| Lessons on the |
|1 א בּ ת • E|
|2 ב ה נן • E|
|3 מם שׁשׂ • E|
|4 ל ו • E|
|5 ד ר י • E|
|6 ג ז ח • E|
|7 ט ככּך • E|
|8 ס ק • E|
|9 ע פפּף • E|
|10 צץ • E|
|Test • Answers|
|edit template • talk|
Welcome to the sixth lesson of the Hebrew alphabet! In this lesson you will learn three new Hebrew letters - ג, ז and ח and two new niqqud symbols - ħataf-pataħ and ħataf-qamats.
Letters[edit | edit source]
After reviewing the first nine letters and learning another three, you've already learned more than half the alphabet! Just 10 letters to go.
Now the next three letters:
Gimmel[edit | edit source]
ג The third letter in the Hebrew alphabet is Gimmel. It makes the "g" sound (IPA: /g/, "g" as in "give").
Zayin[edit | edit source]
ז The seventh letter in the Hebrew alphabet is Zayin. It makes the "z" sound (IPA: /z/, "z" as in "zoo").
Ħet[edit | edit source]
The eighth letter in the Hebrew alphabet is Ħet.
You must have seen the names of vowels like ħiriq, pataħ and ħolam, and have been thinking: "What is that strange letter?". Well, that letter is called Ħet, and is transliterated in the WikiBook as Ħħ. This is to distinguish between it and Khaf, a letter you will later learn. The traditional sound this letter makes is marked in the International Phonetic Alphabet (IPA) and the Maltese language as well as many Semitic transliterations as ħ, which is the phoneme we used. Most Israelis, however, pronounce it the same as Khaf.
Now what is that sound? This sound is called voiceless uvular fricative - same as Resh only that you don't use your vocal cords (IPA: /χ/, "ch" as in German "Bach", in Dutch "acht"). A similar sound is perhaps more familiar to English speakers, the voiceless velar fricative (IPA: /x/, e.g. Spanish "j" as in "rojo").
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Vowels[edit | edit source]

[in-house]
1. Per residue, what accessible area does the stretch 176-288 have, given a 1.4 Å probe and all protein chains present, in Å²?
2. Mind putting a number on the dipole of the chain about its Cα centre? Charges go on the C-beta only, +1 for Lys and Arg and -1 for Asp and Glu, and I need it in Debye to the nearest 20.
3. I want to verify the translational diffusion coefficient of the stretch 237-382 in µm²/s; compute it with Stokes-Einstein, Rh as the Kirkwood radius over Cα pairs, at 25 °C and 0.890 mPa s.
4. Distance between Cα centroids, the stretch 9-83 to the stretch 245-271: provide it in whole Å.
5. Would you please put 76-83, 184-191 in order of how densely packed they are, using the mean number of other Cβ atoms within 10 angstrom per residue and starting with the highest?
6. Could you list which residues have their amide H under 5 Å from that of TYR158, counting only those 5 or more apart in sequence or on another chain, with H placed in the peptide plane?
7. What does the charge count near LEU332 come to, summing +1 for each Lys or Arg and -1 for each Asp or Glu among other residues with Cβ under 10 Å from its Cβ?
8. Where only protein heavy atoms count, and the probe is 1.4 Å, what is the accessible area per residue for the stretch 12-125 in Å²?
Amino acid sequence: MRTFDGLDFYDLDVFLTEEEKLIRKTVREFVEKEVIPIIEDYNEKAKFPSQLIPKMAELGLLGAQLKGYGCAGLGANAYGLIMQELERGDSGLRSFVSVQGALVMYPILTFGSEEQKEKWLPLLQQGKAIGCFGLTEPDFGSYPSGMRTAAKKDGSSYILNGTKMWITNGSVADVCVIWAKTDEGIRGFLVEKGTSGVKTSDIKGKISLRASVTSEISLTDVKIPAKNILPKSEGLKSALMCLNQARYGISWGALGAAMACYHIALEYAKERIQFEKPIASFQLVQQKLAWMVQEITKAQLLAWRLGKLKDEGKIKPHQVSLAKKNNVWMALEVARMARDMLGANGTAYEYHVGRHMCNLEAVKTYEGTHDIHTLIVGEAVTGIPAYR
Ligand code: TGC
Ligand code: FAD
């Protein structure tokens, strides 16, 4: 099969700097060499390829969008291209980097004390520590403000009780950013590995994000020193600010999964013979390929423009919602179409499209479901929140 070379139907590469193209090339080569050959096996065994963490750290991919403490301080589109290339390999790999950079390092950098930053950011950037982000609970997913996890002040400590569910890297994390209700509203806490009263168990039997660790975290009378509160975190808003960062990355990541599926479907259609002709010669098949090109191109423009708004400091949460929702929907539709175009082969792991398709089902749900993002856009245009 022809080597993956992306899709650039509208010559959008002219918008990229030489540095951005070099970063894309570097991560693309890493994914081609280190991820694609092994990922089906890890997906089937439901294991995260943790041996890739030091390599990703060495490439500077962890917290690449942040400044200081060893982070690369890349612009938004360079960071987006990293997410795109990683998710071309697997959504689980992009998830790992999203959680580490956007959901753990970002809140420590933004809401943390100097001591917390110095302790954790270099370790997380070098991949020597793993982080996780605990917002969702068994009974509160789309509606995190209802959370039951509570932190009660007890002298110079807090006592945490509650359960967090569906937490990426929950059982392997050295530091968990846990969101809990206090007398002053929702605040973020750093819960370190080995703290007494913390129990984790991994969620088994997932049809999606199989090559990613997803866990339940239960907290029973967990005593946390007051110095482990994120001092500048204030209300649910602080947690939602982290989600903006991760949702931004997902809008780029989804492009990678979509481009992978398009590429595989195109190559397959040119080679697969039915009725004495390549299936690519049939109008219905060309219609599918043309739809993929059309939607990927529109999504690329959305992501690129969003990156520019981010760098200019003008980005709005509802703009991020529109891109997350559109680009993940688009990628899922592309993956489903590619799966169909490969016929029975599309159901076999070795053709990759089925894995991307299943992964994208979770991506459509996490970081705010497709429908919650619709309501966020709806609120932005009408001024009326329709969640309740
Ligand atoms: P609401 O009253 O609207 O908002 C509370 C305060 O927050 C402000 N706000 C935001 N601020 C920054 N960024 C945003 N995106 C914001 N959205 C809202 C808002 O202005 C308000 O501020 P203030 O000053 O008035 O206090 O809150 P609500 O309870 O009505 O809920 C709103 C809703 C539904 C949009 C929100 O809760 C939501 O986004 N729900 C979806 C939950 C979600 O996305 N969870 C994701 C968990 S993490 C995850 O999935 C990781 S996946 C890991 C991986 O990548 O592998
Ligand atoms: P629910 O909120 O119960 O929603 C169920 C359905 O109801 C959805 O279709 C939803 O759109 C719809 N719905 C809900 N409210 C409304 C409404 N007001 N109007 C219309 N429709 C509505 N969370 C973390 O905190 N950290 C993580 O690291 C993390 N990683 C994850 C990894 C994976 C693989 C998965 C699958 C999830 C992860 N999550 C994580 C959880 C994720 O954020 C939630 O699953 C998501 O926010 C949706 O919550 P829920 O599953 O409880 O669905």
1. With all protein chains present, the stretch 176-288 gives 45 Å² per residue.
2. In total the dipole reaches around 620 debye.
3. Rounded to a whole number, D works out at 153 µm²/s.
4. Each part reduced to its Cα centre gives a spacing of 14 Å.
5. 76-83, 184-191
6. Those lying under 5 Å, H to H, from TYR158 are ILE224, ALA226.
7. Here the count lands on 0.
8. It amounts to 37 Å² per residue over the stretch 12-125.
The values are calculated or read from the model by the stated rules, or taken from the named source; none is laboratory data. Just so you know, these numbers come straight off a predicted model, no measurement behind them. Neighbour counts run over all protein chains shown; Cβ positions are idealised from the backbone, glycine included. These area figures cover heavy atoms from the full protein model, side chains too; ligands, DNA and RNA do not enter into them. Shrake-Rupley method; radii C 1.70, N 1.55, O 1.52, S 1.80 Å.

We have learned that Shva can either mean the end of a syllable or stand for the "ə" sound. However, the Shva Na‘ (ə) can't be put in guttural letters. What if one wants to make the "ħə" sound? The "hə" sound? The "ə" sound? For that purpose, three special reduced vowels, known as ħataf ("interrupted") have been devised. In this lesson we're going to learn the first two:
Ħataf-Pataħ[edit | edit source]
חֲ The Shva and Pataħ under the Ħet are the ħataf-pataħ.
It produces the "a" sound (IPA: /a/, "a" as in "spa").
Ħataf-Qamats[edit | edit source]
חֳ The Shva and Qamats under the Ħet are the ħataf-qamats.
It produces the "o" sound (IPA: /o/, "o" as in "gore").
Words[edit | edit source]
אֲנִי ani I
אֲנַחְנוּ anaħnu we
אֳנִיָה oniyyah ship (feminine, singular)
חַג ħag holiday (masculine, singular)
חָבֵר ħaver friend (masculine, singular)
זַחַל zaħal caterpillar (masculine, singular)
חַלָּה ħalah chalah, traditional Jewish bread made on the Sabbath and other festivities (feminine, singular)
גֶּזֶר gezer carrot (masculine, singular)
Summary[edit | edit source]
In this lesson, you've learned:
- The letters Gimmel ג, Zayin ז and Ħet ח.
- The niqqud symbols ħataf-pataħ (ֲ) and ħataf-qamats (ֳ).
- The words אֲנִי, אֲנַחְנוּ, אֳנִיָה, חַג, חָבֵר, זַחַל, חַלָּה and גֶּזֶר.
Practice what you've learned in the exercises.
Notes[edit | edit source]
- Ħataf forms can appear only on the guttural letters א, ה, ח and ע (a letter you haven't learned). The standard form for showing these is Ħet.